Most of the wrongdoing occurred in an online music course in which exams were not proctored and "the institution acknowledged that the course professor did not have sufficient safeguards in place to prevent students from obtaining exam answers," the Division I Committee on Infractions said in its report on the case, which represented Florida State's seventh major case of rules violations since 1968.
As part of Florida State's own investigation of the case, the university declared 61 athletes ineligible in two groups -- one batch in September 2007 and another in December of that year, around the Seminole football team's participation in the Music City Bowl.
Under NCAA rules, when a college or university believes that its athletes have engaged in rule breaking, it is supposed to declare the players ineligible and, if it wishes, to seek to have them reinstated by an NCAA panel that deals with athletic eligibility issues. In this case, the NCAA struck a deal with Florida State in which the athletes were required to sit out for 30 percent of their respective teams' contests in either 2007-8 or 2008-9.
In their statements about the case, Florida State officials said they believed that that arrangement meant that the NCAA would impose no additional penalties that affected the athletes, either directly or indirectly. "We believe that the NCAA confirmed that our investigative efforts and our self-imposed penalties were appropriate," said Wetherell, Florida State's president.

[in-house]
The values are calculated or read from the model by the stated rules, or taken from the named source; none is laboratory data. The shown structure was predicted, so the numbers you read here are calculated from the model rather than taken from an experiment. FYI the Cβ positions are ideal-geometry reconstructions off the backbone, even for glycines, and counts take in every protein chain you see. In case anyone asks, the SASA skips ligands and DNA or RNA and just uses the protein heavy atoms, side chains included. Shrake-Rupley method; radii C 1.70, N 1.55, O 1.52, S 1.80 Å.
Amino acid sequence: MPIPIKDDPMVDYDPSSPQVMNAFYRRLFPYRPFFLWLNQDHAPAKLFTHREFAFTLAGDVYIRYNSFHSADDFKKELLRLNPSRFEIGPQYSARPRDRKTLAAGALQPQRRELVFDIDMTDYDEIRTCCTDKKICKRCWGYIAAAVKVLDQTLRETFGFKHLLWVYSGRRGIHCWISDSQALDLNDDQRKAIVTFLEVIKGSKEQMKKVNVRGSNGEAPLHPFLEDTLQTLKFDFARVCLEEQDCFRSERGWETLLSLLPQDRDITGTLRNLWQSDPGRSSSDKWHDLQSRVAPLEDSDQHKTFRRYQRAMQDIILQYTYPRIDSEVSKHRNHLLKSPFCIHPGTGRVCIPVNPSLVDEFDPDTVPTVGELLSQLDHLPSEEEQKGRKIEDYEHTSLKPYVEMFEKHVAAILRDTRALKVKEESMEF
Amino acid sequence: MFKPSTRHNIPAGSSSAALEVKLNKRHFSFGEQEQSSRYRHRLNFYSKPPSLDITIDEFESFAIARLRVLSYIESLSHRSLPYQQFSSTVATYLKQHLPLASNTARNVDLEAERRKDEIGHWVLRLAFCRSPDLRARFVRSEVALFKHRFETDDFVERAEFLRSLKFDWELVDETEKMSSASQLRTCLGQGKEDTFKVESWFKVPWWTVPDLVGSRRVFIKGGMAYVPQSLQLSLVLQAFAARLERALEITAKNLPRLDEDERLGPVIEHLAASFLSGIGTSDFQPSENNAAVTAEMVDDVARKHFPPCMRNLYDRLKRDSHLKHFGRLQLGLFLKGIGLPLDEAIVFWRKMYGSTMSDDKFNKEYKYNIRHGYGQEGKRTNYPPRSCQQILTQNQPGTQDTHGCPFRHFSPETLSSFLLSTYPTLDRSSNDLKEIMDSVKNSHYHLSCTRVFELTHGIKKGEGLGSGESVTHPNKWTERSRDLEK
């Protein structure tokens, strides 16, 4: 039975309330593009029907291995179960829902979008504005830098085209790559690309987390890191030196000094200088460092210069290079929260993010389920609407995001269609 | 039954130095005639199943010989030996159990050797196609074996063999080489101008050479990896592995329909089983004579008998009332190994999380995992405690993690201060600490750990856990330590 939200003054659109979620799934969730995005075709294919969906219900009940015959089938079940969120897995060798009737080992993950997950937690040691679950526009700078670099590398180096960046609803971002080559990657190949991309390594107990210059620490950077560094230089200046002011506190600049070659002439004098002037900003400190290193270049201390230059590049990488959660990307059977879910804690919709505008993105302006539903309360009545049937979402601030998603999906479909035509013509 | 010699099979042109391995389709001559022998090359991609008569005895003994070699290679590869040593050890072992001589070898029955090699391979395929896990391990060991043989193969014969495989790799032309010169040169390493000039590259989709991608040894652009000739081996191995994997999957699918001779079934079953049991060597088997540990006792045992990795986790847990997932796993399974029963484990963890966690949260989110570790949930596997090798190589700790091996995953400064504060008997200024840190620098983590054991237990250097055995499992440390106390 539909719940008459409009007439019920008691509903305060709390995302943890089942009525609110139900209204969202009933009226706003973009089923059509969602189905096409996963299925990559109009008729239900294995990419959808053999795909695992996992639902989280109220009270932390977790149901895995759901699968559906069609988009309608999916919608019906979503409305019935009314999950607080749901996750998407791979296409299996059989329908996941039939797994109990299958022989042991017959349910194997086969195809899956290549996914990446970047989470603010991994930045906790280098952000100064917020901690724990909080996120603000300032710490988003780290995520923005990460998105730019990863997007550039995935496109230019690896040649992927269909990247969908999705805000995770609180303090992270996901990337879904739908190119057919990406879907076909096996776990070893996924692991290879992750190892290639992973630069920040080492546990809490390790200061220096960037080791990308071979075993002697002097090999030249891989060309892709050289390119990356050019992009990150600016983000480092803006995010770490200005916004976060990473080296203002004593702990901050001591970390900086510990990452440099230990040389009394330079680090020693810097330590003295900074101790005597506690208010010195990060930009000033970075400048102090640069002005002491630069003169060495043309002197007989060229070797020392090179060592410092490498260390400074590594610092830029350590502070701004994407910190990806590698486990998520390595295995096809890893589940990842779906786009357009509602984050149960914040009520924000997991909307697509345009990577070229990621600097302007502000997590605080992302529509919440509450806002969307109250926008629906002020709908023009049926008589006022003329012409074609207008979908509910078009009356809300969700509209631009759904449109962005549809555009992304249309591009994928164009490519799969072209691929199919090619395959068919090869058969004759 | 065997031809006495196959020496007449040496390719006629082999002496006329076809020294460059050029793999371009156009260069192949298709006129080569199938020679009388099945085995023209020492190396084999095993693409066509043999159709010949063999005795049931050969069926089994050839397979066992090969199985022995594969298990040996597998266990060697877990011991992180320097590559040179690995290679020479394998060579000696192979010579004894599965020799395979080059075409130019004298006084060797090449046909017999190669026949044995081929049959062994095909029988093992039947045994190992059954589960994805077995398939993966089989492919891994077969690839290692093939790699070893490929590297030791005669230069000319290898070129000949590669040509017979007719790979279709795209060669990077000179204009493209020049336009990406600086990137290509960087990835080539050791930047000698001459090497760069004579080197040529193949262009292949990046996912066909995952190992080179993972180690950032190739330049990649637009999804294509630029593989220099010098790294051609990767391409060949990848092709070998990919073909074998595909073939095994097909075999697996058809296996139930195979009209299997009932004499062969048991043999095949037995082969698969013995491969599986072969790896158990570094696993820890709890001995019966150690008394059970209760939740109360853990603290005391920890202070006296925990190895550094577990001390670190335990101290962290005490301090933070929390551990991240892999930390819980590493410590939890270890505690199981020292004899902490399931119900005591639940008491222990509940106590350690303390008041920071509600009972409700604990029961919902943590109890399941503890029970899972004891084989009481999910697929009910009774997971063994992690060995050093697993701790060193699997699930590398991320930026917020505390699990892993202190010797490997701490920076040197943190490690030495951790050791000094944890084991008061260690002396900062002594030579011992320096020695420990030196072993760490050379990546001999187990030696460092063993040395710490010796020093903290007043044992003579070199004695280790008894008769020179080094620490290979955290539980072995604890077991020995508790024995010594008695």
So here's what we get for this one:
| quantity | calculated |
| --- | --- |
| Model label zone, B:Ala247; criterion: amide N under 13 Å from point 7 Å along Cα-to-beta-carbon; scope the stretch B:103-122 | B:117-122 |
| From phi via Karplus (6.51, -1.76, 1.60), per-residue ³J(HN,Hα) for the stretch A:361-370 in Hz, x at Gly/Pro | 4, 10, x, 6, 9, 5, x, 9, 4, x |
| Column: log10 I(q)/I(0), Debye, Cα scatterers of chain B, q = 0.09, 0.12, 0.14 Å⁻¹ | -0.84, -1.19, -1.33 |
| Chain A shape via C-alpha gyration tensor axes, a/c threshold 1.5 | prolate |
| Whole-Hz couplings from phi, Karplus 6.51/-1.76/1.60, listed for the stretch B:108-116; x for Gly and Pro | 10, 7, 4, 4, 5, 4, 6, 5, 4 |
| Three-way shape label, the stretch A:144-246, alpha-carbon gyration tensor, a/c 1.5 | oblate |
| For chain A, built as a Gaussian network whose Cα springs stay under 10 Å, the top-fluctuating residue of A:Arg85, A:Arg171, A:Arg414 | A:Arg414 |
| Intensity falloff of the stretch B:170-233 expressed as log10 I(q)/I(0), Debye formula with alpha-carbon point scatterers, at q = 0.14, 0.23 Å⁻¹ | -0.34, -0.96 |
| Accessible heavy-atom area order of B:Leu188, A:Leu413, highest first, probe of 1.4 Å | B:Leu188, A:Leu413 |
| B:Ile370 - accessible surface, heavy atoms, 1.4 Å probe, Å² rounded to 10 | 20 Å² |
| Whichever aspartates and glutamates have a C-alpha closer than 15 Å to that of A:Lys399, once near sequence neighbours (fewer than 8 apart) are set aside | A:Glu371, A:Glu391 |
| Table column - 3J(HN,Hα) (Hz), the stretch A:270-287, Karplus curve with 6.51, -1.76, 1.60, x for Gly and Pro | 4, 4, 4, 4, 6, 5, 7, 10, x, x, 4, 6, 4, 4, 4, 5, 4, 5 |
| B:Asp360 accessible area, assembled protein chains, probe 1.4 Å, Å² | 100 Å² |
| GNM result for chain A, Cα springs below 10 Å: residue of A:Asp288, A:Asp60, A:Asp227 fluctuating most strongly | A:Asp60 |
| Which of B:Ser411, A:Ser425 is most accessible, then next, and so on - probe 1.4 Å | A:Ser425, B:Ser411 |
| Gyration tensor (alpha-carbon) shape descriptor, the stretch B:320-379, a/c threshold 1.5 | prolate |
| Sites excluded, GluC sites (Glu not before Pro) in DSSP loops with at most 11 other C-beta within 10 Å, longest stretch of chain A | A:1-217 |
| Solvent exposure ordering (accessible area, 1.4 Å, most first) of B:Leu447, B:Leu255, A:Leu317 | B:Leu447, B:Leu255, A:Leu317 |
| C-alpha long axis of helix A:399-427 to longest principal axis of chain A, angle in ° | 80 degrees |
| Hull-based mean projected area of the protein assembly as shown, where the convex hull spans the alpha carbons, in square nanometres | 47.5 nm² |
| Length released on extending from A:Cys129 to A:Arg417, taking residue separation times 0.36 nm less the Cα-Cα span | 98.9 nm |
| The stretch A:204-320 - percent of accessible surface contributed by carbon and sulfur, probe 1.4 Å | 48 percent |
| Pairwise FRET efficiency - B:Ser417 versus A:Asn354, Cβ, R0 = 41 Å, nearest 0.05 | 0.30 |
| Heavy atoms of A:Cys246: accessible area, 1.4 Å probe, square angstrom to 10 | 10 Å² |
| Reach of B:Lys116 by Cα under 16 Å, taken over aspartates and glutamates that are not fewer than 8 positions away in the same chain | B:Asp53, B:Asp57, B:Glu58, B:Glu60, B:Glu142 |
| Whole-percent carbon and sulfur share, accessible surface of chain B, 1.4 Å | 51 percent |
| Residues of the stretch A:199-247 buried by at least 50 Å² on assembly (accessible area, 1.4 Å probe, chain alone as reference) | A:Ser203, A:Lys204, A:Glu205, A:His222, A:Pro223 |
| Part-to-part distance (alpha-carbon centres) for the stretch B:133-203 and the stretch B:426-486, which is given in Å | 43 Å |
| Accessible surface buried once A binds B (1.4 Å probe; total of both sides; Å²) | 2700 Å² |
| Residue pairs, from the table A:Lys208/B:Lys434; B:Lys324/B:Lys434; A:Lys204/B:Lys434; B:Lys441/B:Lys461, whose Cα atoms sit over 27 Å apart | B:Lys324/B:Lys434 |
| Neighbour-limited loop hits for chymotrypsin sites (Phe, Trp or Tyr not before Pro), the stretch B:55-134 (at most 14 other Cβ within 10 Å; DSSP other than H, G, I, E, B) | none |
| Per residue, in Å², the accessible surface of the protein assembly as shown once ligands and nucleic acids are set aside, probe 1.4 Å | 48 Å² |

But the NCAA's athlete reinstatement process and its infractions process deal with entirely different issues, Thomas and an NCAA spokeswoman, Stacy Osburn, said Friday. The reinstatement process punishes individual athletes directly for wrongdoing they commit (in this case, cheating, arguably the most serious of NCAA breaches). The infractions process, in turn, is designed to punish colleges and universities and their officials for rule violations that they either commit or fail to prevent, in Florida State's case because of inadequate monitoring of the athletic tutoring staff.
The two processes, said Osburn, are "completely separate," and the penalties imposed in the athlete reinstatement process do not affect the infractions committee's institutional punishments. In addition to scholarship reductions in all 10 sports whose athletes were involved in the rule breaking, and severely restricting the future ability of the three former Florida State academic support employees to work at NCAA member colleges, the infractions panel imposed its favorite new penalty: requiring the university vacate "all wins in which the 61 student-athletes" competed while ineligible during 2006 and 2007, as well as "the individual records of the student-athletes."
Because some number of football players were among the athletes who cheated, 14 of Florida State's football wins from 2006 and 2007 are at risk of being vacated (the NCAA panel leaves it up to the university to determine how many games were played with ineligible athletes, so that number remains up in the air at this moment). Subtracting those victories from the career total of Bowden, the university's longtime coach, is unfair, many commentators wrote.